The concept of leadership is broad, with many abstract needs and requirements, all of which are constantly sought out by both current and up-and-coming leaders. I believe a great leader displays strength, humility, and service. These aspects not only unite people, but also spur them to make an impact.
Strong leadership begins with competence, which brings credibility. Competent leadership possesses the know-how and the drive to inspire people to follow on their own accord. Strength in leadership also entails an aspect of firmness, because once people are united, in the uproar of opinions, a strong leader must make a decision and stand unchanging.
Winston Churchill exemplified this when he stood firm in his anti-Hitler mentality, and rallied the world against Hitler through Churchill’s credible reputation.
To me, strong leadership must also be balanced with humility. The lowering of oneself raises others and alleviates the universal fear of being alone through hardship. This act of self-abasement also creates a respect for the leader, that isn’t from a place of mere obligation, but a place of affinity.
For example, in my four years of high school football, I endured many grueling
workouts. All of the coaches, except for Coach Jones, looked on as we pushed through the grind. Day after day Coach Jones would line up with us and match us in our workouts pound for pound in everything we did. This forged extreme respect among the players for a coach who humbled himself and led by example.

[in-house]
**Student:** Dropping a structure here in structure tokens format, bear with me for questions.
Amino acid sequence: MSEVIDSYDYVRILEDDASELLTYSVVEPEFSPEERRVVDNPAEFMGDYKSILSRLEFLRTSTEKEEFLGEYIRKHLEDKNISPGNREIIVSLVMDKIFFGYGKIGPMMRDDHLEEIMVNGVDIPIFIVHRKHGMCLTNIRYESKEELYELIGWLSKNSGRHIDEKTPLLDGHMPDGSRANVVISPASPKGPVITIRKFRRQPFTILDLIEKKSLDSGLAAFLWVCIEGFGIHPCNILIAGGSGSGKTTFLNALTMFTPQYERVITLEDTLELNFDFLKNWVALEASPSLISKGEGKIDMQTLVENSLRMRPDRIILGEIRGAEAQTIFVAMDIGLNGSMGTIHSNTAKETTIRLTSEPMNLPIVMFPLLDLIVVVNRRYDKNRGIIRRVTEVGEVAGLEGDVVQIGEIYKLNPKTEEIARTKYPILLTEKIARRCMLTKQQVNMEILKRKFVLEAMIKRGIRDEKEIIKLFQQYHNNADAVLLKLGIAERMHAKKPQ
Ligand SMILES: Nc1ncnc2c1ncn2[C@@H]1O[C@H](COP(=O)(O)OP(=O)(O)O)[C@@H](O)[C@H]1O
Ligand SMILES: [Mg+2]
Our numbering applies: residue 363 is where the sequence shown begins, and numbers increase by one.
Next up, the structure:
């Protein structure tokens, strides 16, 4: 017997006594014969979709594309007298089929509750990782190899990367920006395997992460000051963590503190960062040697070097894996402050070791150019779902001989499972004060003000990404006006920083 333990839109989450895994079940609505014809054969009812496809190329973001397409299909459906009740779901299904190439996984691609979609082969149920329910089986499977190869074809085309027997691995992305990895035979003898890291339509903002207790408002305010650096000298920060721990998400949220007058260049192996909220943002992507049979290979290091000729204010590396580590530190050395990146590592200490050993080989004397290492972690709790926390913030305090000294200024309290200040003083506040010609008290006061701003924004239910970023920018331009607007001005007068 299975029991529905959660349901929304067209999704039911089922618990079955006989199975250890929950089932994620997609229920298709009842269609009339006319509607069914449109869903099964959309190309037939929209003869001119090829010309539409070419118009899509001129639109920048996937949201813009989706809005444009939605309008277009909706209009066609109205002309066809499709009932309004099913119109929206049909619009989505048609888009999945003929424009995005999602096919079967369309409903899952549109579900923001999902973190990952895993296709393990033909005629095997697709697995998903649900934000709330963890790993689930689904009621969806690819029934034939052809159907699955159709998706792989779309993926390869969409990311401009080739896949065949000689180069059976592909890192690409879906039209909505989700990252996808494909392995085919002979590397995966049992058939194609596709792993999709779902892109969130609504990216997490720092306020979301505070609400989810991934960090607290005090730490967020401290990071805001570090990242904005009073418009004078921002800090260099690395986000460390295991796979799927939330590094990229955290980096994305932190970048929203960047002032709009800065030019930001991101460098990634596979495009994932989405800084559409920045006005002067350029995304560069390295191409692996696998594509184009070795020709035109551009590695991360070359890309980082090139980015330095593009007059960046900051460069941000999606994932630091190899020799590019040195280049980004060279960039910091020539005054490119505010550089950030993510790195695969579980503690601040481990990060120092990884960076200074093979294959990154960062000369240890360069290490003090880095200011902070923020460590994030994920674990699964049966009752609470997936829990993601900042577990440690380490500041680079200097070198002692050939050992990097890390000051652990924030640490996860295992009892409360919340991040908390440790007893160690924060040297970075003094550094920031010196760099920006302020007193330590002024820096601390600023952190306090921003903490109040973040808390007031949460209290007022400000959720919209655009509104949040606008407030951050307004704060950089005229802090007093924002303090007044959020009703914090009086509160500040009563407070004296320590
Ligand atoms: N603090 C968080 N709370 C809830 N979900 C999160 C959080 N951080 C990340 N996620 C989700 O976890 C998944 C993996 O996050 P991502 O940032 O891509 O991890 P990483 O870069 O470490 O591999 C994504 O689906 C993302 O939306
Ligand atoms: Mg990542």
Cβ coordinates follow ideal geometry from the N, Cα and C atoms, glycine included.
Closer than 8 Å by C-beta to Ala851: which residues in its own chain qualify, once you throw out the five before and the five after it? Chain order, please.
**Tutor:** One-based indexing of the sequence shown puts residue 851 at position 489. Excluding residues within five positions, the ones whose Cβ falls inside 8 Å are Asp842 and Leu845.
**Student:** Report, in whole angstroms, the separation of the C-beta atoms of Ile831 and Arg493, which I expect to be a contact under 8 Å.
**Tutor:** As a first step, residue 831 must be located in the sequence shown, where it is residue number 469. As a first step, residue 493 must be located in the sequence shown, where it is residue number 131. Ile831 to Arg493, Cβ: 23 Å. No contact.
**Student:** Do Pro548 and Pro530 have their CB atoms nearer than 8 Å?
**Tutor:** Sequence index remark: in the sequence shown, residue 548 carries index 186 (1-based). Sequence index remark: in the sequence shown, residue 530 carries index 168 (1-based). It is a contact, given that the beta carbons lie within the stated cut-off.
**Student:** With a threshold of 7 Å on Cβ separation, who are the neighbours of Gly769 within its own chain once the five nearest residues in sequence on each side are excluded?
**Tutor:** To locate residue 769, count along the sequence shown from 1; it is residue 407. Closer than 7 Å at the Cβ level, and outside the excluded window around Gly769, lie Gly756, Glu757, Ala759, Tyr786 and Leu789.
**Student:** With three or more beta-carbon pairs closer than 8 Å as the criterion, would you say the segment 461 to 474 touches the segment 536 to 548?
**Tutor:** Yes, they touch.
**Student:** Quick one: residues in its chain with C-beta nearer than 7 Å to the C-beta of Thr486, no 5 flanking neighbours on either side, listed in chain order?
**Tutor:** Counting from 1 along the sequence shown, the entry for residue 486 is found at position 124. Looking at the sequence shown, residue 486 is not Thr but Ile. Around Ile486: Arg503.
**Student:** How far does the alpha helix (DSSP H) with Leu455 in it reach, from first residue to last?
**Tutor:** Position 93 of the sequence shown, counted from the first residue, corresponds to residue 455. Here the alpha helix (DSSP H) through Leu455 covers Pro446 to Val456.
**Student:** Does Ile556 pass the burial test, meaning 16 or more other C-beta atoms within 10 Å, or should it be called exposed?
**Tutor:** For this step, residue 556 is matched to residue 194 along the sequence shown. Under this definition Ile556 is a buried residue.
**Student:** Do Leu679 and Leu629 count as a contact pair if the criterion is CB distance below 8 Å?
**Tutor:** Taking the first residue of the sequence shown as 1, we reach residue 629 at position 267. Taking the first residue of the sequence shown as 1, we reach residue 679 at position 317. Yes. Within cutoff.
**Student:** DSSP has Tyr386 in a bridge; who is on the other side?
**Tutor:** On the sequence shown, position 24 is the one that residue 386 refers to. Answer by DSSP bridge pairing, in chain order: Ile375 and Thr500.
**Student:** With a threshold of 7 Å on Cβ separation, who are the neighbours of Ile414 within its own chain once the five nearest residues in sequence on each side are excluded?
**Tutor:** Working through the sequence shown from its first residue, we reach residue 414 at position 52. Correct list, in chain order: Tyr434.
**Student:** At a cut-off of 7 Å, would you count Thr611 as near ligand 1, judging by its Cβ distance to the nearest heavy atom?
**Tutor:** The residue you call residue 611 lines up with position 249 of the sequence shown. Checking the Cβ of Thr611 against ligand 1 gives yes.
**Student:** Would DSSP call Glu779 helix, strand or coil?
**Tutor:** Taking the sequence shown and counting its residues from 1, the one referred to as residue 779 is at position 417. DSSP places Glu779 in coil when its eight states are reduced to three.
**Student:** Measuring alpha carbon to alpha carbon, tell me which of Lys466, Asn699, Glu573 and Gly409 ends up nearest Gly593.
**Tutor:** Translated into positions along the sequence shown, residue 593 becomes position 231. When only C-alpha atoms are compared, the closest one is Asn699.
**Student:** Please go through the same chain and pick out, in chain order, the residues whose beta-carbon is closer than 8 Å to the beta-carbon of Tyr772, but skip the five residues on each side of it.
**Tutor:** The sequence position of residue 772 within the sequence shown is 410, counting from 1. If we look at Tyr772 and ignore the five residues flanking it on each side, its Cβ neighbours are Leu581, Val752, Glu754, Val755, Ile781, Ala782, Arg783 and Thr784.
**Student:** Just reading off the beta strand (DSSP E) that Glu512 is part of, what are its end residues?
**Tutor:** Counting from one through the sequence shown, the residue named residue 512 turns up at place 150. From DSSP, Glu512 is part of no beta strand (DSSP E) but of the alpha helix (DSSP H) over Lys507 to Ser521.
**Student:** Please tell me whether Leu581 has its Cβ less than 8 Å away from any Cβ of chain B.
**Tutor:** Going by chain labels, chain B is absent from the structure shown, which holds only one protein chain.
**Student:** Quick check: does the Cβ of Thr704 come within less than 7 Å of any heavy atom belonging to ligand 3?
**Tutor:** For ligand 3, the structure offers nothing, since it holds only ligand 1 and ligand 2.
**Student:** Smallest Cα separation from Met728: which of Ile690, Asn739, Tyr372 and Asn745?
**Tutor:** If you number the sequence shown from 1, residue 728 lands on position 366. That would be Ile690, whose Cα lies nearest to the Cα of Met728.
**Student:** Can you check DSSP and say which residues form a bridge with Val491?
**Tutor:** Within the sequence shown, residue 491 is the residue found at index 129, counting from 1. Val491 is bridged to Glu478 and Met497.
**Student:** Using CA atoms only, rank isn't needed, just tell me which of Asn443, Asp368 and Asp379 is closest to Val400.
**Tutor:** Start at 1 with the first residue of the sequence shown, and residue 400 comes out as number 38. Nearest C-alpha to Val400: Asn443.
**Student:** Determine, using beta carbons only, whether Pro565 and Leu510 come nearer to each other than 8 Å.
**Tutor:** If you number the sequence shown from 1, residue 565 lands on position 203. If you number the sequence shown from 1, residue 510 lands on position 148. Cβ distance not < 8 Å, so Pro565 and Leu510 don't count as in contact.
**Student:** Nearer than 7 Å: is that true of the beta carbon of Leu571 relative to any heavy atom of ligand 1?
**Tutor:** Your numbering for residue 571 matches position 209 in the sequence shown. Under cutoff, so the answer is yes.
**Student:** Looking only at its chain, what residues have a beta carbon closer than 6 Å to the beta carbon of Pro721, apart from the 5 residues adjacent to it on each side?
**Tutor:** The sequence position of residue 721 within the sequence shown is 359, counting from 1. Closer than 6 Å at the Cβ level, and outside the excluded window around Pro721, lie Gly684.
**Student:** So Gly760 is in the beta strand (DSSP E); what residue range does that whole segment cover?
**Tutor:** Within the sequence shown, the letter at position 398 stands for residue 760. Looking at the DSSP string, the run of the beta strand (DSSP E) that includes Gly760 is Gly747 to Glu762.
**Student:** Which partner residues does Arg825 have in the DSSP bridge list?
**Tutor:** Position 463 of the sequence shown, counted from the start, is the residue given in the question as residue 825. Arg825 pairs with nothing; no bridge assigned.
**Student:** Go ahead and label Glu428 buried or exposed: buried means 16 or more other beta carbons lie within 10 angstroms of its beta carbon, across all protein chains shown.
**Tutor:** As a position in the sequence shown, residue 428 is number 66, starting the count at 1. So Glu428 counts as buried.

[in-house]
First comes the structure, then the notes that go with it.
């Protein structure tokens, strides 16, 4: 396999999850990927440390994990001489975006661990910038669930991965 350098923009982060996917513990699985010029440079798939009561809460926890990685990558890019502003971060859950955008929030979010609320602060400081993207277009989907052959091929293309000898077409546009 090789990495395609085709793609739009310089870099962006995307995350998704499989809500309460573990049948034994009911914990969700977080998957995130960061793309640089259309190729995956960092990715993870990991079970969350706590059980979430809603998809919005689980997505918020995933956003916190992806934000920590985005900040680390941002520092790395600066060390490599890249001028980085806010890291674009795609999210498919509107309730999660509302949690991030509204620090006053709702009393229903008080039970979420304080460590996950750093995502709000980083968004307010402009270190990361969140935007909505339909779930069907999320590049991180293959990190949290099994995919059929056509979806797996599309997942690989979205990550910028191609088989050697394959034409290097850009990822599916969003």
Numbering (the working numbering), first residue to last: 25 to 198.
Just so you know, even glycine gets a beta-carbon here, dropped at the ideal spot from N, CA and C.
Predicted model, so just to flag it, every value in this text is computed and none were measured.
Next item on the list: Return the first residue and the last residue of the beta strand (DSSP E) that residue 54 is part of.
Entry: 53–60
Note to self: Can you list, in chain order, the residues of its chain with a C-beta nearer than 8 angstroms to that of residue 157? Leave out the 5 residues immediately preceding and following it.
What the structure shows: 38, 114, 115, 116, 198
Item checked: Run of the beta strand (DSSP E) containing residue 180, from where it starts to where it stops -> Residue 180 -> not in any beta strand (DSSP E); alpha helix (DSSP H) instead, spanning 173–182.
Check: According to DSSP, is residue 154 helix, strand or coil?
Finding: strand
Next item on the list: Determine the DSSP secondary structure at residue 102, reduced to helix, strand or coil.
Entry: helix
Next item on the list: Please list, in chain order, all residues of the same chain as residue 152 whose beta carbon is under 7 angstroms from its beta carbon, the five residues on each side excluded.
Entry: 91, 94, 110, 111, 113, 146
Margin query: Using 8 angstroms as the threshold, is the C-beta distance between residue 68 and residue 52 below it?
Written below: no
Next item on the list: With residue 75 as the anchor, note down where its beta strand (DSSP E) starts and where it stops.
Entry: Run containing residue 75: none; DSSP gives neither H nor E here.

The aforementioned strength and humility must then be supported and demonstrated by service.
Thanks to the sacrifice of my family and our intense fundraising efforts, in tenth grade I was able to travel to Europe to serve refugees from Syria. While my mission team cleaned their shelter and made improvements on their property we built relationships.
The Syrians contagious joy taught me to live a humbler, more thankful life. This experience has given me a new perspective of leadership, driving me to more vigorously exemplify how to help others. For example, my senior year I have had the opportunity to be the choir president, and this has pushed me to find not only bigger, but also smaller ways to lead. One of these smaller ways I found to serve as a leader was being a representative for choir at a middle school fine arts fair. As I shared the joy of choir with the middle schoolers, this act of volunteerism enlightened me to how much giving time creates a result that can have far reaching implications.
In conclusion, quality leadership incorporates strength, humility, and service in a healthy balance. Effective leaders must make tough decisions, humbly participate wherever they are needed, and eagerly volunteer their service. When all of these come together, I believe they have the power to inspire advancement, growth, and prosperity for an organization or community.